Debate on Napster

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Debate on Napster

The Napster software, which launched in 1999, allows people to share digital music

files (MP3) between each other. This Internet program has sparked a historical debate about

copyright law and the Internet. Copyright owners strongly believe that “sharing” these files

via Napster is “stealing”(TIME).

Downloading music against the wishes of an artist or producer is breaking the law.

Some believe that it is not stealing or illegal. They are just making a copy of someone’s

song. In the Constitution, Article 1, Section 8 it says “……promote the Progress of Science

and useful Arts, by securing for limited Times to Authors and Inventors the exclusive Right

to their respective Writings and Discoveries…..” (Constitution). This led to copyright law,

which gives artists the exclusive rights to their music from the moment of its creation until,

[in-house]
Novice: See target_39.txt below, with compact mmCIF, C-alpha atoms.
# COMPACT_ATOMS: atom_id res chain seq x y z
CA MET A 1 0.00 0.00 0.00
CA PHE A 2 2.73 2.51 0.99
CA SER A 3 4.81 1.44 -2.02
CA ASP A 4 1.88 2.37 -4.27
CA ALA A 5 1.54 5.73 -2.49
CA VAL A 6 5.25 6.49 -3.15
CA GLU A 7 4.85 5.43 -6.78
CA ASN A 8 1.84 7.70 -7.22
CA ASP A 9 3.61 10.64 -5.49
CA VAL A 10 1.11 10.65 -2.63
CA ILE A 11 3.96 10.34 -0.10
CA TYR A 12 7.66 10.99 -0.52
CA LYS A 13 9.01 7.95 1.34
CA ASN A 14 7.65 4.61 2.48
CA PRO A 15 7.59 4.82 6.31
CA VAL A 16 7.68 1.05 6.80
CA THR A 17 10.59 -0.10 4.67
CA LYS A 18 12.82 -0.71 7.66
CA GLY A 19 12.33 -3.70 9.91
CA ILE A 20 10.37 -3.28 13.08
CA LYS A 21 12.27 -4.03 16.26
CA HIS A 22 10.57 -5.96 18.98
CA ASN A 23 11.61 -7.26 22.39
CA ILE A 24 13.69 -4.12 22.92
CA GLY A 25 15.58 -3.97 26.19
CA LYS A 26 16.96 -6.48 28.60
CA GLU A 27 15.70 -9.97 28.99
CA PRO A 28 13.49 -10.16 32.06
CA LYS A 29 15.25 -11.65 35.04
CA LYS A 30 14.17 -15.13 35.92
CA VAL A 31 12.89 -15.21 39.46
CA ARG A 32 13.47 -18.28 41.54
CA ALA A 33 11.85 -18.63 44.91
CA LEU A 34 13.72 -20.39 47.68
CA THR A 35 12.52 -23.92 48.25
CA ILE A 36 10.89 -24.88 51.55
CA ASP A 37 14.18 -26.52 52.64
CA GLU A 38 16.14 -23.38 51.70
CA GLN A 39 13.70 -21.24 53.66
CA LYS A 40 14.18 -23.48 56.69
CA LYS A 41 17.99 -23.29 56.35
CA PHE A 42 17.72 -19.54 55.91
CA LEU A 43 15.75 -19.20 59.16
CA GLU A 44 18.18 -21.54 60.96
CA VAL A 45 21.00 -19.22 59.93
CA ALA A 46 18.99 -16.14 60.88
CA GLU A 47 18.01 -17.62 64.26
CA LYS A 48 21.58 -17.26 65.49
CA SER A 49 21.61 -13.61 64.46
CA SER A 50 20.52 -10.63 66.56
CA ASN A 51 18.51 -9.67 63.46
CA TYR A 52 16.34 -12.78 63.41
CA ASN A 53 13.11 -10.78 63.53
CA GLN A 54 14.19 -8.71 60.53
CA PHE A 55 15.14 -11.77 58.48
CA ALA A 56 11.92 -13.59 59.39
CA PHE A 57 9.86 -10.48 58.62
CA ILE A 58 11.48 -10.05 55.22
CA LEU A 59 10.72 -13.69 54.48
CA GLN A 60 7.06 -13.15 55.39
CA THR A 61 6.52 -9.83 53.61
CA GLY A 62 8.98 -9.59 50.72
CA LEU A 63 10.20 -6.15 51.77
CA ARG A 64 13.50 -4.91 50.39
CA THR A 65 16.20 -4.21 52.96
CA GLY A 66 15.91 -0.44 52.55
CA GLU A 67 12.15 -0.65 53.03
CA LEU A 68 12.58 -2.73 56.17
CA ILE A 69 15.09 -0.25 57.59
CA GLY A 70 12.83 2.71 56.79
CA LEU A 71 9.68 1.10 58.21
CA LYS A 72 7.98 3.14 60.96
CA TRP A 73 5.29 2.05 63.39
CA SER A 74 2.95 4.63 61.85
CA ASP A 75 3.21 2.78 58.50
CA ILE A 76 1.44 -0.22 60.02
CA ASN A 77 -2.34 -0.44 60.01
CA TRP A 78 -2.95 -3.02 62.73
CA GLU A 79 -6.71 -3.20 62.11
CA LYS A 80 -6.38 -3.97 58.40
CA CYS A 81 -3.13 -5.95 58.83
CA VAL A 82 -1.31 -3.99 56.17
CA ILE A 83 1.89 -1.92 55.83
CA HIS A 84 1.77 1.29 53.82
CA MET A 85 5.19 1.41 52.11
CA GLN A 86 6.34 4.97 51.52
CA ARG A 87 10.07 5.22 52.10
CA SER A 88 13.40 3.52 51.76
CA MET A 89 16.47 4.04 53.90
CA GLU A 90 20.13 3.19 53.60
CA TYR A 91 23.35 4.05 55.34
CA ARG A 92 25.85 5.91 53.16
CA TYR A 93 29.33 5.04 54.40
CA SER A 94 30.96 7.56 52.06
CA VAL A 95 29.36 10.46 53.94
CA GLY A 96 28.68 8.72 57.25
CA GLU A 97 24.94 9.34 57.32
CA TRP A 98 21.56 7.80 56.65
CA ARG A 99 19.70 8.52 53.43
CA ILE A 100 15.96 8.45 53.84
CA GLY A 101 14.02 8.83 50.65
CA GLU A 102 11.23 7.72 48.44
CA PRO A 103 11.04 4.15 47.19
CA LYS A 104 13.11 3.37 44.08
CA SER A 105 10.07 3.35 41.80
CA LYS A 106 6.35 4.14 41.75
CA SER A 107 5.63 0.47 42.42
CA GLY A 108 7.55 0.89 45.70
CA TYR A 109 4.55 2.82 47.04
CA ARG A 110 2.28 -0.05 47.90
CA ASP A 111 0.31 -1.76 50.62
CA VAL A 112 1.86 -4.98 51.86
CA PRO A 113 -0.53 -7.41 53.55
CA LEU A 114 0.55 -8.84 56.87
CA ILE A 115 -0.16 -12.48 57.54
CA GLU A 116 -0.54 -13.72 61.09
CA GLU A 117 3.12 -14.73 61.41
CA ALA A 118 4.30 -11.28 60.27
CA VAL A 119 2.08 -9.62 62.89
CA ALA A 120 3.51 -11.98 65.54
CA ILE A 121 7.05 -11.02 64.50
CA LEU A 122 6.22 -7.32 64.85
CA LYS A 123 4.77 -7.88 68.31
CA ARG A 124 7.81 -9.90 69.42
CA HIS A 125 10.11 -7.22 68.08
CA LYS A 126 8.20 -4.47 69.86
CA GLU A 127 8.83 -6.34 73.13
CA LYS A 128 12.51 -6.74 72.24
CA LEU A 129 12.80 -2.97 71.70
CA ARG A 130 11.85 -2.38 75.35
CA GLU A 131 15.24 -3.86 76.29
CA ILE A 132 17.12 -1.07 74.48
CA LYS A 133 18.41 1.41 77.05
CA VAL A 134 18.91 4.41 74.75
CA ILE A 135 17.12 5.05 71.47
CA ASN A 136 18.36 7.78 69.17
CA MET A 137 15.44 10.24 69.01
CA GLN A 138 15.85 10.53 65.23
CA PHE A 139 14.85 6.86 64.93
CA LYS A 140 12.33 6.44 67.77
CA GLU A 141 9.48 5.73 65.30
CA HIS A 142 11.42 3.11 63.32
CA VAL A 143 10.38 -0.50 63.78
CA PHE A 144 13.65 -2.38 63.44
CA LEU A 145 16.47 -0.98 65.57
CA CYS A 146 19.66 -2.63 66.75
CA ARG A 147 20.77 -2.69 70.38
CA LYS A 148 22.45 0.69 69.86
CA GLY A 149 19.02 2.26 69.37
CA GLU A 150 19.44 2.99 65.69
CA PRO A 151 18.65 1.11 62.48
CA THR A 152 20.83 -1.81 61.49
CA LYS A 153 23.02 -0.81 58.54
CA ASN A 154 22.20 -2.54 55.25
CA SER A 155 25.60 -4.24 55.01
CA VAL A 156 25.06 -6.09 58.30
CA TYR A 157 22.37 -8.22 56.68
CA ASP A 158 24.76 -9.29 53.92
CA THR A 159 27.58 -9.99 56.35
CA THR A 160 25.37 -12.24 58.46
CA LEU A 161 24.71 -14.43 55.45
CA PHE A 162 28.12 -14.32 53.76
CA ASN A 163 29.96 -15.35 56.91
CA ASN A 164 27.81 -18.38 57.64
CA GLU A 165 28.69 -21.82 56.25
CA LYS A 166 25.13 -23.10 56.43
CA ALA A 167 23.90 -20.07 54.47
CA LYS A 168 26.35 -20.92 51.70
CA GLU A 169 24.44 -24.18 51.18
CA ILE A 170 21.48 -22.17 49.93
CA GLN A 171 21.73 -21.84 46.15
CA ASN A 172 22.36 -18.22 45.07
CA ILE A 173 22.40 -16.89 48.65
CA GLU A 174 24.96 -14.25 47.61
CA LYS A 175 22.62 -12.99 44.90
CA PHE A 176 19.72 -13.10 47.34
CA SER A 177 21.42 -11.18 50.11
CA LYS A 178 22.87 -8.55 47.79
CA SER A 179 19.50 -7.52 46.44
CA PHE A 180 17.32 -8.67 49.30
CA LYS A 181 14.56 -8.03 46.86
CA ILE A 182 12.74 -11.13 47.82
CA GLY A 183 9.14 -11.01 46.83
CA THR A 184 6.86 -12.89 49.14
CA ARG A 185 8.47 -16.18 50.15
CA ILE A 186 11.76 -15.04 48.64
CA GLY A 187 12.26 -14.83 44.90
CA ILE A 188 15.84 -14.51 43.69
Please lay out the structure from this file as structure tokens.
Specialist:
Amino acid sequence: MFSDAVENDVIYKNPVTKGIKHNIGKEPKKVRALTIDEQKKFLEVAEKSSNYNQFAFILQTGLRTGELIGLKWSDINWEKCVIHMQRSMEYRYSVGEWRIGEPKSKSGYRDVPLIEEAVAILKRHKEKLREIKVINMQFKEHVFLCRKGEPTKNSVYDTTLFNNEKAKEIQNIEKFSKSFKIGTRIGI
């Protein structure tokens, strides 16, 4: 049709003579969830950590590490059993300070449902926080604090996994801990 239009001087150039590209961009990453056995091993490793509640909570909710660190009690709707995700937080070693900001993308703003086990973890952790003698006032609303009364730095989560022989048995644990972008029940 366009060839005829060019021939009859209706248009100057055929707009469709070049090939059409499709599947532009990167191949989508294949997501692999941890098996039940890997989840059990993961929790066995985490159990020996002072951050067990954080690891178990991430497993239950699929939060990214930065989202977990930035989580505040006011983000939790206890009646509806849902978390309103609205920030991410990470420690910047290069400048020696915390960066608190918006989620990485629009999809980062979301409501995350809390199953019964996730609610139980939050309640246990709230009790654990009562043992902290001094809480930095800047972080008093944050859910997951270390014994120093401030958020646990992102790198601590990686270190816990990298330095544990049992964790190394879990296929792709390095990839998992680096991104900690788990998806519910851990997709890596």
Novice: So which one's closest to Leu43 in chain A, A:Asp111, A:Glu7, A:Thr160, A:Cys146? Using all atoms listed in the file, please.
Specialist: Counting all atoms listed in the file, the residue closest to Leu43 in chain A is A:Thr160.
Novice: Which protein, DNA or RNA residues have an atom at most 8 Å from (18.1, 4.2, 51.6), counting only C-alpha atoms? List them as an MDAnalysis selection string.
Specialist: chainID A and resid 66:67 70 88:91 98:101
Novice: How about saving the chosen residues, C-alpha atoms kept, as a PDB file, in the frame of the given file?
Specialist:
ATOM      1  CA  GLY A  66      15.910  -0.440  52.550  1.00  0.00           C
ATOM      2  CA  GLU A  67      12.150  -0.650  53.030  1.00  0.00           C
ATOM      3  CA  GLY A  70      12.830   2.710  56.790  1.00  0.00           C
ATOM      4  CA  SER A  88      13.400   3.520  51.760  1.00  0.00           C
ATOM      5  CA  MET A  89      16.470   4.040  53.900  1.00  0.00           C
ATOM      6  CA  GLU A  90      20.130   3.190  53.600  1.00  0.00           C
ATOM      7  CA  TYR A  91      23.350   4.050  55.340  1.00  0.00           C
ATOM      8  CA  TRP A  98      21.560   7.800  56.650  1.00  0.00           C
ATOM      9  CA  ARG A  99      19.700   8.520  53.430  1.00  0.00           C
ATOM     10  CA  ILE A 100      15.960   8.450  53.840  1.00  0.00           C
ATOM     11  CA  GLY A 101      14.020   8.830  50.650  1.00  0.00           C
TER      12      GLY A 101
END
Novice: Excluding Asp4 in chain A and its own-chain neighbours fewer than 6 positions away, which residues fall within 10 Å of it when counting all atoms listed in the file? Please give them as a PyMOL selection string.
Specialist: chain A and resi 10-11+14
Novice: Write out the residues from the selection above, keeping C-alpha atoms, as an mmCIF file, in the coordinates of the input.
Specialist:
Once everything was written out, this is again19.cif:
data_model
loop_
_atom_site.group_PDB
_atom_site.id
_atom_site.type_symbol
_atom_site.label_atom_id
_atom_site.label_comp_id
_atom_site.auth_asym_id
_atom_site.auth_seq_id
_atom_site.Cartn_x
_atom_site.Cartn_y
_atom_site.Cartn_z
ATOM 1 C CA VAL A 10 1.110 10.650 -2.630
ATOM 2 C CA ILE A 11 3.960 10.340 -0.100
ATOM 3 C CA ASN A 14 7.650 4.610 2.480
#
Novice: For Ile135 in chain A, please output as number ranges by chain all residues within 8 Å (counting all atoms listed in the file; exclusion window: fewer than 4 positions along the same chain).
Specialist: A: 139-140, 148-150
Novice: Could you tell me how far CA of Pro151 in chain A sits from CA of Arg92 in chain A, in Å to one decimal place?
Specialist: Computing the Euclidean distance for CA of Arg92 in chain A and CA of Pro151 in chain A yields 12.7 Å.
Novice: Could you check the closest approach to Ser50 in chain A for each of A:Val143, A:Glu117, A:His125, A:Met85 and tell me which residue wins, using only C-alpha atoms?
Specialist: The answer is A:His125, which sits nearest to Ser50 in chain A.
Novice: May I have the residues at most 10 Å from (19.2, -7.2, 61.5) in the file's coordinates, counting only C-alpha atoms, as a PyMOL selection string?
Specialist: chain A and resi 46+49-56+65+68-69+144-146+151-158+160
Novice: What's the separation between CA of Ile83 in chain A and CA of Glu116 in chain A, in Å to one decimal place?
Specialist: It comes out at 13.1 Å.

generally 70 years after the artist dies (Michigan Review). There may not be respect for the

copyright law, but it is still breaking the law.

According to the Michigan Review, in areas around college campuses and

universities, CD sales have dropped 4%. In 2000, retail CD sales at stores near colleges with

high Napster use are actually below 1997 sales (Michigan Review). That is a huge reversal

in an area that usually sees high demand for music. Also according to the Michigan Review,

CD sales are up 16% across the nation. How can Napster be a bad thing if it is helping the

record industry? Maybe some people buy CDs based on what they hear on Napster, but for

most college students Napster has the opposite effect. Colleges and universities have been

hotbeds for sharing of online music files by a variety of methods for many years. All

Napster and similar tools have done is make this sharing of files much easier (Newsweek).

There are no in-betweens here. In all fairness to the artist, one should make a choice.

They should buy it or delete it from their computer. Some people might not like a song

well enough to want to pay for it so they feel like no one is losing a profit. If one does not

like a song well enough to buy it, they should not even be listening to it. However, consider

this scenario in defense of a Napster user. What if someone only wants one song on a $20.00

CD? Is it fair for the Artist to in essence be charging that person $20.
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